Project Description

Dynasty: the Ara Pacis and Two Imperial Mausoleums

For over a decade, the young Octavian remodeled Roman government to suit his needs.  When awarded the title Augustus in 28 B.C., Caesar’s adopted son could finally claim to have achieved his goals: he had outmaneuvered his political opponents, survived decades of civil wars, and had concentrated the privileges, power, and responsibilities of the entire Senatorial body into his own hands.  How?  Not just through violence, but with the persuasive powers of art and architecture!

To many historians’ surprise, Octavian began work on his mausoleum during the chaotic years of civil war and social turmoil that followed Caesar’s assassination. By no means was Octavian angsting over the possibilities of a premature death.  This behemoth burial stated that Octavian and his family were in Rome to stay: adopted sons, adopted grandsons, sons-in-laws, and stepsons were buried there.  These were the men whom the Emperor groomed as heir to the newly found Empire.  And it was the beginning of Imperial dynasty.

In 13 B.C., the Senate pledged the Ara Pacis or Altar of Peace to Augustus as a token of its appreciation for the political, economic, and social harmony that Augustus had ensured Rome and her territories. In the marble friezes of the altar, scene of Rome’s foundation legends alternate with parades in which Augustus, his family members, friends, their children, and wives figure prominently together with high priests, religious officials, and high-ranking politicians. The great communicator stated his message clearly: through family, dynasty; through dynastic succession, the continuation of a peaceful Empire.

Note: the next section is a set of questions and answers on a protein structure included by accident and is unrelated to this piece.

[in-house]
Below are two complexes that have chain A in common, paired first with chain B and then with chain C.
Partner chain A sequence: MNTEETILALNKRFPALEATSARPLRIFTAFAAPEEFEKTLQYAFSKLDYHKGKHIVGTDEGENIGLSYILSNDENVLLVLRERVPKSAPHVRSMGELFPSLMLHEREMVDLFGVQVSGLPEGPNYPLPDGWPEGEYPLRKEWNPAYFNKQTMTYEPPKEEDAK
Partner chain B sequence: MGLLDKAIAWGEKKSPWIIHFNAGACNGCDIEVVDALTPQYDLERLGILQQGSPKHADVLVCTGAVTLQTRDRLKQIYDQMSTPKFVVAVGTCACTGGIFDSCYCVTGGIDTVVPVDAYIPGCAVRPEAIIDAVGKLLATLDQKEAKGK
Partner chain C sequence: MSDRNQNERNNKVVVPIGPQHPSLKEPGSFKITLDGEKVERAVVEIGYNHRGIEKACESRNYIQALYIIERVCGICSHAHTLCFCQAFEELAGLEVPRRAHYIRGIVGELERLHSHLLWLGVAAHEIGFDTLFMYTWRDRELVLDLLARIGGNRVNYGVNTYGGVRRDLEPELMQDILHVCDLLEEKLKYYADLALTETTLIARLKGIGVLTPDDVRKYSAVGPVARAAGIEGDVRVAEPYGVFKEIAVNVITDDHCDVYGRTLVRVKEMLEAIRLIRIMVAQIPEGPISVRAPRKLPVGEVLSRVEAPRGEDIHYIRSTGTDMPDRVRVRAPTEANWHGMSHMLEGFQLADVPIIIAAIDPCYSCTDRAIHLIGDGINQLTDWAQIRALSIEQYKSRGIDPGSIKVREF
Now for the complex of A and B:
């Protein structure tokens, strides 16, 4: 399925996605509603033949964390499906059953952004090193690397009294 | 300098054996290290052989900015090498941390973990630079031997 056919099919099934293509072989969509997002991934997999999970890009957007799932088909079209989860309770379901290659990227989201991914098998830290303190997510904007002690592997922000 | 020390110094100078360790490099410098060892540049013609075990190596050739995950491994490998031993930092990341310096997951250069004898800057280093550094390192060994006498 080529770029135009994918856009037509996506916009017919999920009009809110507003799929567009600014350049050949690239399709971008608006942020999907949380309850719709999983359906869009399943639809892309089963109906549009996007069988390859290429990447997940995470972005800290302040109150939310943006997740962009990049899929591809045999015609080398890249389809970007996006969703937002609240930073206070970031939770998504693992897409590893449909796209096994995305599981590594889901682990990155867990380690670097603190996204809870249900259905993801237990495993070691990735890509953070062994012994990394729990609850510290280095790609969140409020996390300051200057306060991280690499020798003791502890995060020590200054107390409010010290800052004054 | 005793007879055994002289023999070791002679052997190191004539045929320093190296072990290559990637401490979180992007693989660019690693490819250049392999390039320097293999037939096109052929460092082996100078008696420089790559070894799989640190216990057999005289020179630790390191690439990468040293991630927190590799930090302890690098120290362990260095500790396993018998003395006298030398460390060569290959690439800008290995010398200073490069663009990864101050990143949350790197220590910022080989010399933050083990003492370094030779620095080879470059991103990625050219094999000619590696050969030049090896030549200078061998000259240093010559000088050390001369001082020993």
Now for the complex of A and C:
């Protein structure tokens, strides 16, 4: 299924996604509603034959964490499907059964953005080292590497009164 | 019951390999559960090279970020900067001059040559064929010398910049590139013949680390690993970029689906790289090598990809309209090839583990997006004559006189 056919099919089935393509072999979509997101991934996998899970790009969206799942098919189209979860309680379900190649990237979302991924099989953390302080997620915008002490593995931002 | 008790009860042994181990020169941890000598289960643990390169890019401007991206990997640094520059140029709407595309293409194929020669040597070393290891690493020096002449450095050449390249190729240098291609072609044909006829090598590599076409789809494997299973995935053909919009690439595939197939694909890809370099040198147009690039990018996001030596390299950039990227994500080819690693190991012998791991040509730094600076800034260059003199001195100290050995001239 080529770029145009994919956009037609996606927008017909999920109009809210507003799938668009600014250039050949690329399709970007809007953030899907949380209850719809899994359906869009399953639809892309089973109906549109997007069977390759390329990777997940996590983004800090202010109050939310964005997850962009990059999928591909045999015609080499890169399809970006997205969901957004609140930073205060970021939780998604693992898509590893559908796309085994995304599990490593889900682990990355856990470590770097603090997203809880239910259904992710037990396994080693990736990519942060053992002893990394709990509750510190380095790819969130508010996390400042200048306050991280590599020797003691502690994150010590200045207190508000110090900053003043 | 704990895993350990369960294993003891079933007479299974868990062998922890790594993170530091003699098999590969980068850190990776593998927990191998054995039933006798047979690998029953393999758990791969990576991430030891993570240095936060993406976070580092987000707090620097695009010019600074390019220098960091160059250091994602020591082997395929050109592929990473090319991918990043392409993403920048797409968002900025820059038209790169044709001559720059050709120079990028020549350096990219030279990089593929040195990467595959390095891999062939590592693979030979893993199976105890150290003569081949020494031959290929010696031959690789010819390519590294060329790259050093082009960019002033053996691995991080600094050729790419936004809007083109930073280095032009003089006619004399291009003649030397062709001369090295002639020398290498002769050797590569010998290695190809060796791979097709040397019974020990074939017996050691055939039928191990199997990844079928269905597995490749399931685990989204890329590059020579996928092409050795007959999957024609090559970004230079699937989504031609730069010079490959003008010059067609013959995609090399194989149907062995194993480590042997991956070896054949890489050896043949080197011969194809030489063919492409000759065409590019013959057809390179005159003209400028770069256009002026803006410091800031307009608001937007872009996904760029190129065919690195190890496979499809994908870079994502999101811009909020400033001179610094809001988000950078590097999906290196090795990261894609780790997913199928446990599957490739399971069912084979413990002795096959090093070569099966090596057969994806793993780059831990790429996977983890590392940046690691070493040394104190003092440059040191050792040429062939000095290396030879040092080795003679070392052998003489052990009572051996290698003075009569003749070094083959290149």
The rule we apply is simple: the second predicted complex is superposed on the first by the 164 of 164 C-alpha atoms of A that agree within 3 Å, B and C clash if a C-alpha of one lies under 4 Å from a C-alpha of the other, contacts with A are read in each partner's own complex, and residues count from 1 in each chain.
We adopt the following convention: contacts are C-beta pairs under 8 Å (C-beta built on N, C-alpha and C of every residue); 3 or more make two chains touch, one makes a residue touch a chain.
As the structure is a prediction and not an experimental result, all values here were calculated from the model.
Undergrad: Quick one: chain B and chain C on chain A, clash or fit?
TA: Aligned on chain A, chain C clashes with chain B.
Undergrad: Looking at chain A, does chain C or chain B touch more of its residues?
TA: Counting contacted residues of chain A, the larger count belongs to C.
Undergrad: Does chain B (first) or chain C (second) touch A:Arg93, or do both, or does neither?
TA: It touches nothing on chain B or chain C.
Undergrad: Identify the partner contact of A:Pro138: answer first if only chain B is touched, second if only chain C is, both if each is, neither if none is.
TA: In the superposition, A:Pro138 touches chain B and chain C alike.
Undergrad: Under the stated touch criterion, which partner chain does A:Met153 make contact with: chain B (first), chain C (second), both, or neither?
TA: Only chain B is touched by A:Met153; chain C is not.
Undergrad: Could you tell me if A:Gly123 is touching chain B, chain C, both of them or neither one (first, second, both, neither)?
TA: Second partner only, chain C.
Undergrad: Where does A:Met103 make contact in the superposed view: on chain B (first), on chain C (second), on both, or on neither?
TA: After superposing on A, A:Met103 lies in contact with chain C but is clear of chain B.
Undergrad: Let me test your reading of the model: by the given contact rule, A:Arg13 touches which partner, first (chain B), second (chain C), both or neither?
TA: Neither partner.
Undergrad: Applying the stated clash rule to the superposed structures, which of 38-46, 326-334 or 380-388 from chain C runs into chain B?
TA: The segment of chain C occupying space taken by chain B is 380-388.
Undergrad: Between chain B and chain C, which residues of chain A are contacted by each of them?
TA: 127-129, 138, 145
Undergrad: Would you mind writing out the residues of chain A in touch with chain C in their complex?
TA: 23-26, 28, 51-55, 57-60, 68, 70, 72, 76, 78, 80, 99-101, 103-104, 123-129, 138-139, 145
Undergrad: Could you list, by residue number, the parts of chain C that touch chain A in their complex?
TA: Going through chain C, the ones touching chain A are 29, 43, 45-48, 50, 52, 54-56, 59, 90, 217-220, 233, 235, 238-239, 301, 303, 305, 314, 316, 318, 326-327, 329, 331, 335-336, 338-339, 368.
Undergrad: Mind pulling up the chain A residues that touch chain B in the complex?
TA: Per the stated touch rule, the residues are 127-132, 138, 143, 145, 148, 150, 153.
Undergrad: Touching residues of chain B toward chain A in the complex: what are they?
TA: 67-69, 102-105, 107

Just over a century later, the Emperor Hadrian very consciously modeled his reign on Augustus’.  After all, the first Emperor of Rome was considered the founder of a golden age after putting an end to decades of civil war and ensuring peace throughout the Roman world.  Hadrian would father a second golden age and he promoted this idea by associating himself with Augustus and his architectural programs.  For example, Hadrian rebuilt the Pantheon, which Augustus’ son-in-law had erected in his honor.  He also built a mausoleum (seen on the right).  Not far from Augustus’, it quoted the mausoleum that Augustus had built to strengthen Romans’ opinions that he would pacify the Roman world or die trying.

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